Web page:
“Jack never expects a whole lot and doesn’t care about personal accolades, and that’s why he’s so successful,” said Chris Connolly, a senior captain this season at Boston University, and two years older than Jack. “He’s won a national title and helped his team get back to the tournament, and had the best season of his four years this year, an accomplishment in itself. I’m biased, of course, but I thought he was well-deserving of the award.”
Jack Connolly, a 2007 Duluth Marshall graduate, finished eighth in UMD career scoring with 66 goals and 131 assists for 197 points in 166 games, having never missed a game in four seasons. He led the Western Collegiate Hockey Association in scoring this season and was named league player of the year.
The 5-foot-8 and 165-pound player becomes the second Duluth-born Hobey Baker winner, joining University of Minnesota goalie Robb Stauber from 1988.
“I’ve said all along that Jack epitomizes what this award is about,” said UMD coach Scott Sandelin, an award finalist in 1986 as a North Dakota defenseman. “He’s a special player who is so good on the ice, and was for four years, and is a good student and a gentleman off the ice. This couldn’t happen to a better person.”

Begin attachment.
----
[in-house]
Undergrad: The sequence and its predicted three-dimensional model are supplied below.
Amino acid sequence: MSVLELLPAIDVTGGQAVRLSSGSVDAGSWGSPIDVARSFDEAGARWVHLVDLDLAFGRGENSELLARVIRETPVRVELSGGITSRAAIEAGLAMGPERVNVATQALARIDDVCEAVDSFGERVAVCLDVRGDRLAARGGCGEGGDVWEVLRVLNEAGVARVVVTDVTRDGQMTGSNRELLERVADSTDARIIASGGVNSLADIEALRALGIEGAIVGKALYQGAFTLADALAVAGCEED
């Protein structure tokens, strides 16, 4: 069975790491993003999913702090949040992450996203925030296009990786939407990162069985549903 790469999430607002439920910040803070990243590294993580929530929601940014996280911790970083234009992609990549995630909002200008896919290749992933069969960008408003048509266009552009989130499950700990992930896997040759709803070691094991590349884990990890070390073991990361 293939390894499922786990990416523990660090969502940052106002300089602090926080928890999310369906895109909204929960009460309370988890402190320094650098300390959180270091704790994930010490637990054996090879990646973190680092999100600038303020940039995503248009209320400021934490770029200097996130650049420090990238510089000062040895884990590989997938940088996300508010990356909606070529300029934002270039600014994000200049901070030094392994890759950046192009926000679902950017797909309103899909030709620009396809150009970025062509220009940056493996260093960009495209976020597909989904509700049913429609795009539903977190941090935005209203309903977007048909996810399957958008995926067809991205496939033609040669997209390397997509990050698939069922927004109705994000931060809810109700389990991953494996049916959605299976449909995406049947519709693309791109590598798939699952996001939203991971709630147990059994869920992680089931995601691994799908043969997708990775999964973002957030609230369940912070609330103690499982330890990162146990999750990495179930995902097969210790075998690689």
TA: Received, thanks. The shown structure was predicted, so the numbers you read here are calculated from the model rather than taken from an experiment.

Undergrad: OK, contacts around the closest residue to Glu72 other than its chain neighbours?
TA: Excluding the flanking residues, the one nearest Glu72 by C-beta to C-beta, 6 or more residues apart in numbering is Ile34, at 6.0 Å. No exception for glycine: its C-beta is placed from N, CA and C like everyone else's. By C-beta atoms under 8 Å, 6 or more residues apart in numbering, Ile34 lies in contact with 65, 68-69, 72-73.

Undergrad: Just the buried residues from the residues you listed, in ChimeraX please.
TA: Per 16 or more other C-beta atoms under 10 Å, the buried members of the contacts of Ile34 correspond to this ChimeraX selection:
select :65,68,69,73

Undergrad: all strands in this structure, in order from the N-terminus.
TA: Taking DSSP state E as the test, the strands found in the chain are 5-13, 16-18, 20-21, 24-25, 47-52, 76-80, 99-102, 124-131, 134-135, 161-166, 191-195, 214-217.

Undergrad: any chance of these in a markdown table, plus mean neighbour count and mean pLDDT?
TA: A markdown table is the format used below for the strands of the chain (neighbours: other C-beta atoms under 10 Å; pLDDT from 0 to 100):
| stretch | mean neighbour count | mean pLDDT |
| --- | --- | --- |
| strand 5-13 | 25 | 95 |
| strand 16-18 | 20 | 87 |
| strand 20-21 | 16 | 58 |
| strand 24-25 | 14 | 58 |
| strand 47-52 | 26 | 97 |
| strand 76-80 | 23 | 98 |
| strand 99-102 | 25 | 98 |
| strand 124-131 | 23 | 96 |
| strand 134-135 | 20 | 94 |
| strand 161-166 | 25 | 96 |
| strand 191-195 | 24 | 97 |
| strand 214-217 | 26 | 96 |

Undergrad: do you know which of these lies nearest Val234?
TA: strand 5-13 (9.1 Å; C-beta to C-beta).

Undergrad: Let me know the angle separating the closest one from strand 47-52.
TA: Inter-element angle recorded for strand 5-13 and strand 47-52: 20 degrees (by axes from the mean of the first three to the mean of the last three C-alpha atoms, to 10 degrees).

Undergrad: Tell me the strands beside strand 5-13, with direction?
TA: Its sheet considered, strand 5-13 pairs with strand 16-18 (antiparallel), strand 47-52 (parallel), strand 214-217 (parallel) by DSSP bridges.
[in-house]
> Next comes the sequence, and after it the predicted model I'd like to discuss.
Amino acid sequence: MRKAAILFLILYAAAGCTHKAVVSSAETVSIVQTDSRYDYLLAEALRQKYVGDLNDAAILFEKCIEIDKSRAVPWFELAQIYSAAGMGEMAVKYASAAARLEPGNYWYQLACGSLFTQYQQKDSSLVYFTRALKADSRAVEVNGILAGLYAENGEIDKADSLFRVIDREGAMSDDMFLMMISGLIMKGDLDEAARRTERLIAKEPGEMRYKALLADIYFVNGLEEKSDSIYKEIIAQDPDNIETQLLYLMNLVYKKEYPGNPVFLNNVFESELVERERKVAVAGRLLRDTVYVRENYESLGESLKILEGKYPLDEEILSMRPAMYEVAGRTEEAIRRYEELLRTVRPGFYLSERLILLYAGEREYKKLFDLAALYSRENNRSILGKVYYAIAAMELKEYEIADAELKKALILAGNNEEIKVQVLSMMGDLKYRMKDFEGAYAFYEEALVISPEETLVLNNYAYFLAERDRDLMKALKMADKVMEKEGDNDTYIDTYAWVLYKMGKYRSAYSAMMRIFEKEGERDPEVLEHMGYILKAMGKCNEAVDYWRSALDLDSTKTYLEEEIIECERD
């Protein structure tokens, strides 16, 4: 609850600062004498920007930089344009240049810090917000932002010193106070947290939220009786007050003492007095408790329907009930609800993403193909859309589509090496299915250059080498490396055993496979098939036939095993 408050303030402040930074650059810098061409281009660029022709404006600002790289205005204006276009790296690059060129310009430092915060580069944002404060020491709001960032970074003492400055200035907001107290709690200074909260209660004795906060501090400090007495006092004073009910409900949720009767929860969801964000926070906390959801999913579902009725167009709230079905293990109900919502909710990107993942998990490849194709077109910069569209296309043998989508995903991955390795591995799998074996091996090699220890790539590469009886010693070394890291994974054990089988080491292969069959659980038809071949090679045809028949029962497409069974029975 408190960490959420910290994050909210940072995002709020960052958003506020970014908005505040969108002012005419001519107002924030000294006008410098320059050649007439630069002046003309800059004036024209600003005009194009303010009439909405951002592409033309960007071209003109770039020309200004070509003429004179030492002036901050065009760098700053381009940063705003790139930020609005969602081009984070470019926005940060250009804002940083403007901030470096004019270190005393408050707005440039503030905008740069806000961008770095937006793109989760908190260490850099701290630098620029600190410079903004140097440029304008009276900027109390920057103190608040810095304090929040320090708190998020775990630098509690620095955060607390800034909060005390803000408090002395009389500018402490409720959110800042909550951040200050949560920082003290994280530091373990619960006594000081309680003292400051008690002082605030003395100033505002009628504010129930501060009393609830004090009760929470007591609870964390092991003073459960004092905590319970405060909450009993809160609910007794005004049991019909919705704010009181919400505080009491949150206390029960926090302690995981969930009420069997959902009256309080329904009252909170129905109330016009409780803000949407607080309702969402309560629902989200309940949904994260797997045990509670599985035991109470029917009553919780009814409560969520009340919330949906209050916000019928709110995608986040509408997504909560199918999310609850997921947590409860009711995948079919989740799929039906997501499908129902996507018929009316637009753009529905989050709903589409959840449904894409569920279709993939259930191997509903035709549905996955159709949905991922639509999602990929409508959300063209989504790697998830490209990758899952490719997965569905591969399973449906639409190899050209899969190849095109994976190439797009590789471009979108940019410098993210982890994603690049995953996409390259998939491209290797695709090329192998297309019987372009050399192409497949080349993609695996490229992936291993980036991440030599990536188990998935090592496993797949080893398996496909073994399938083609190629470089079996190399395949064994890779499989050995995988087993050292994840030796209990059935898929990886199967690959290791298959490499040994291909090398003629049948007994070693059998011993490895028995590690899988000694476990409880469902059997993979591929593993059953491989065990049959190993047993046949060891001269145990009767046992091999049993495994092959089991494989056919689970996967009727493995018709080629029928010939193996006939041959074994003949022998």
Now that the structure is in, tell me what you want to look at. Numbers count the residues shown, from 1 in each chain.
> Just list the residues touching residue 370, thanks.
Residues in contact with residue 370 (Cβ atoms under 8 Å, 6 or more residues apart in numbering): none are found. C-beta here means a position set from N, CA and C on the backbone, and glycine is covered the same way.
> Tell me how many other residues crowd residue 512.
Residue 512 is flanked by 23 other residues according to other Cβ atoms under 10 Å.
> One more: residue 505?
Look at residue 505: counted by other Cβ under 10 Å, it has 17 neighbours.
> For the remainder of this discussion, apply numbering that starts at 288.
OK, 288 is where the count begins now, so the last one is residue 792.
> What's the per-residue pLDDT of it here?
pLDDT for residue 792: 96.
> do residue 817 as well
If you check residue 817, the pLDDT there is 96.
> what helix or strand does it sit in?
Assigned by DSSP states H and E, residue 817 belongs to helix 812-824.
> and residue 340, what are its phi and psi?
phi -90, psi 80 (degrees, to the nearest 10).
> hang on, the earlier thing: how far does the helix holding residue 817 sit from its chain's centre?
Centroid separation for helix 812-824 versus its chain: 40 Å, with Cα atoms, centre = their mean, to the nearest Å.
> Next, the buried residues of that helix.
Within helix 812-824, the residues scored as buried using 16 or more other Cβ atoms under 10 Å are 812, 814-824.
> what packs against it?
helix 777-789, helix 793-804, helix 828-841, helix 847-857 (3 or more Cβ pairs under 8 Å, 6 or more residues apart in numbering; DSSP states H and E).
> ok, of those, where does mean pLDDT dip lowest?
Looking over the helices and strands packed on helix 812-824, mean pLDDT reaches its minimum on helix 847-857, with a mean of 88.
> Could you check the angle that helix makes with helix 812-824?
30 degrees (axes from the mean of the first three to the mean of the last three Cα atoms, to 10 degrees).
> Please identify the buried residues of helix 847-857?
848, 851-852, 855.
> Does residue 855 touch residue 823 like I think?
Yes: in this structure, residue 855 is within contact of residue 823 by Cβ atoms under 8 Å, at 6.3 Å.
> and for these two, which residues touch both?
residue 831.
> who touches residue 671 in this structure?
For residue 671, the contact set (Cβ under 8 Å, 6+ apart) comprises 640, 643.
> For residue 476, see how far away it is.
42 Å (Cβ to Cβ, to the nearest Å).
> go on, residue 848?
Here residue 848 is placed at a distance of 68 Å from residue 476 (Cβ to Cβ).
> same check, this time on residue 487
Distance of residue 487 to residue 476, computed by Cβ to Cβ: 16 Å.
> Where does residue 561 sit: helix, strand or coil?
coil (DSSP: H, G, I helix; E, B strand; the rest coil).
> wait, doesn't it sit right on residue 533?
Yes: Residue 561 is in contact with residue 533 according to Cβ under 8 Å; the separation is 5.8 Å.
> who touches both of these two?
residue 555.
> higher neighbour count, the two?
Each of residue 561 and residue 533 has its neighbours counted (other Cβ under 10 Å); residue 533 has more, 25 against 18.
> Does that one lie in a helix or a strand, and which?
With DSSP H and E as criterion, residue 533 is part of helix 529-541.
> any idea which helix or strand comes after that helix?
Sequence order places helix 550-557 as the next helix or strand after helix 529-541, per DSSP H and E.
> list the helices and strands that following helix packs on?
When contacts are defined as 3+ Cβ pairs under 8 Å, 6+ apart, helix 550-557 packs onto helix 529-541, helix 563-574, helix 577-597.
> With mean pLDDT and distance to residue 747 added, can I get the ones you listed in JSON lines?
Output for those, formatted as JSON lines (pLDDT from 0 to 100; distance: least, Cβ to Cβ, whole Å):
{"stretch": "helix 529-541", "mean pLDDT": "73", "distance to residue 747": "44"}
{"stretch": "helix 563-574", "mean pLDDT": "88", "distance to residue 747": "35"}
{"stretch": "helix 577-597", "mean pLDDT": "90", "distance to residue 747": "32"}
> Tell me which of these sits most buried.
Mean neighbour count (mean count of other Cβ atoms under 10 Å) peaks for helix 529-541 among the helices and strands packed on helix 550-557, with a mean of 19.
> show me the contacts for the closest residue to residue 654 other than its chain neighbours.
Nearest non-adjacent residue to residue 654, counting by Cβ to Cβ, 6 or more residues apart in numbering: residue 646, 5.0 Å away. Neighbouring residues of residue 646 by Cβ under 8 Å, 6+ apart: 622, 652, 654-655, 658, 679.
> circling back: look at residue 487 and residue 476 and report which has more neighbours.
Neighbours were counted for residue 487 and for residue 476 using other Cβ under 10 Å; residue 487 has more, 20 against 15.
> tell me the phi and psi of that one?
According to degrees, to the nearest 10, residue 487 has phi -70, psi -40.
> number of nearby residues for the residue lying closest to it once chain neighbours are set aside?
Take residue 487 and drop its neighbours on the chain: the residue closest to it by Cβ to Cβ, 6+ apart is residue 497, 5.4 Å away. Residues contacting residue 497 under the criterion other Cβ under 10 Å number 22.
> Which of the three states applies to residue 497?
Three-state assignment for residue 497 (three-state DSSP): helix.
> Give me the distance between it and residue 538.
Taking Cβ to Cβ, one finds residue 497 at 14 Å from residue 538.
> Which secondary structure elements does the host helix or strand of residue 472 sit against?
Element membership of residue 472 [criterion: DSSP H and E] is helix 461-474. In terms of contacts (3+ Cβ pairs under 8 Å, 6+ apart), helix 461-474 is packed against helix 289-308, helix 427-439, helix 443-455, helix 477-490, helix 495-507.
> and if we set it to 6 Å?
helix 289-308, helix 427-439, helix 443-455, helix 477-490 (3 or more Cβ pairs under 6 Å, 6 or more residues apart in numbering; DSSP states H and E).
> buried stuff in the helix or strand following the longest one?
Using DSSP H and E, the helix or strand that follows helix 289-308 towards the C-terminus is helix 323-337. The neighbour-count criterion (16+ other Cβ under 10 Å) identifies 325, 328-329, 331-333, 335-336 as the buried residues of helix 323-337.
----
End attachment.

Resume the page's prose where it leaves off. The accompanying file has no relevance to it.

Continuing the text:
Hobey Baker was a Princeton University hockey and football phenomenon from 1910-14 and become a World War I fighter pilot. He died while testing an aircraft at the end of the war on Dec. 21, 1918, in France at age 26.
Connolly grew up playing at the Duluth Heights rink and idolizing his older brother, and then followed Chris to Duluth Marshall. Jack played for the Hilltoppers for three years and finished as a captain in 2007, and, in soccer, was the 2006 News Tribune Player of the Year.
“Chris Connolly was a great role model, he worked so hard, and that rubbed off on Jack,” said Marshall hockey coach Brendan Flaherty. “Jack didn’t require a lot of coaching, we just let him play, and since high school he comes back almost every summer and works in camps with our players. He’s very grounded.”
Jack Connolly wore No. 20 for the Hilltoppers, and Flaherty expects that jersey to be retired and to be put in the rafters at Mars Lakeview Arena as soon as next season.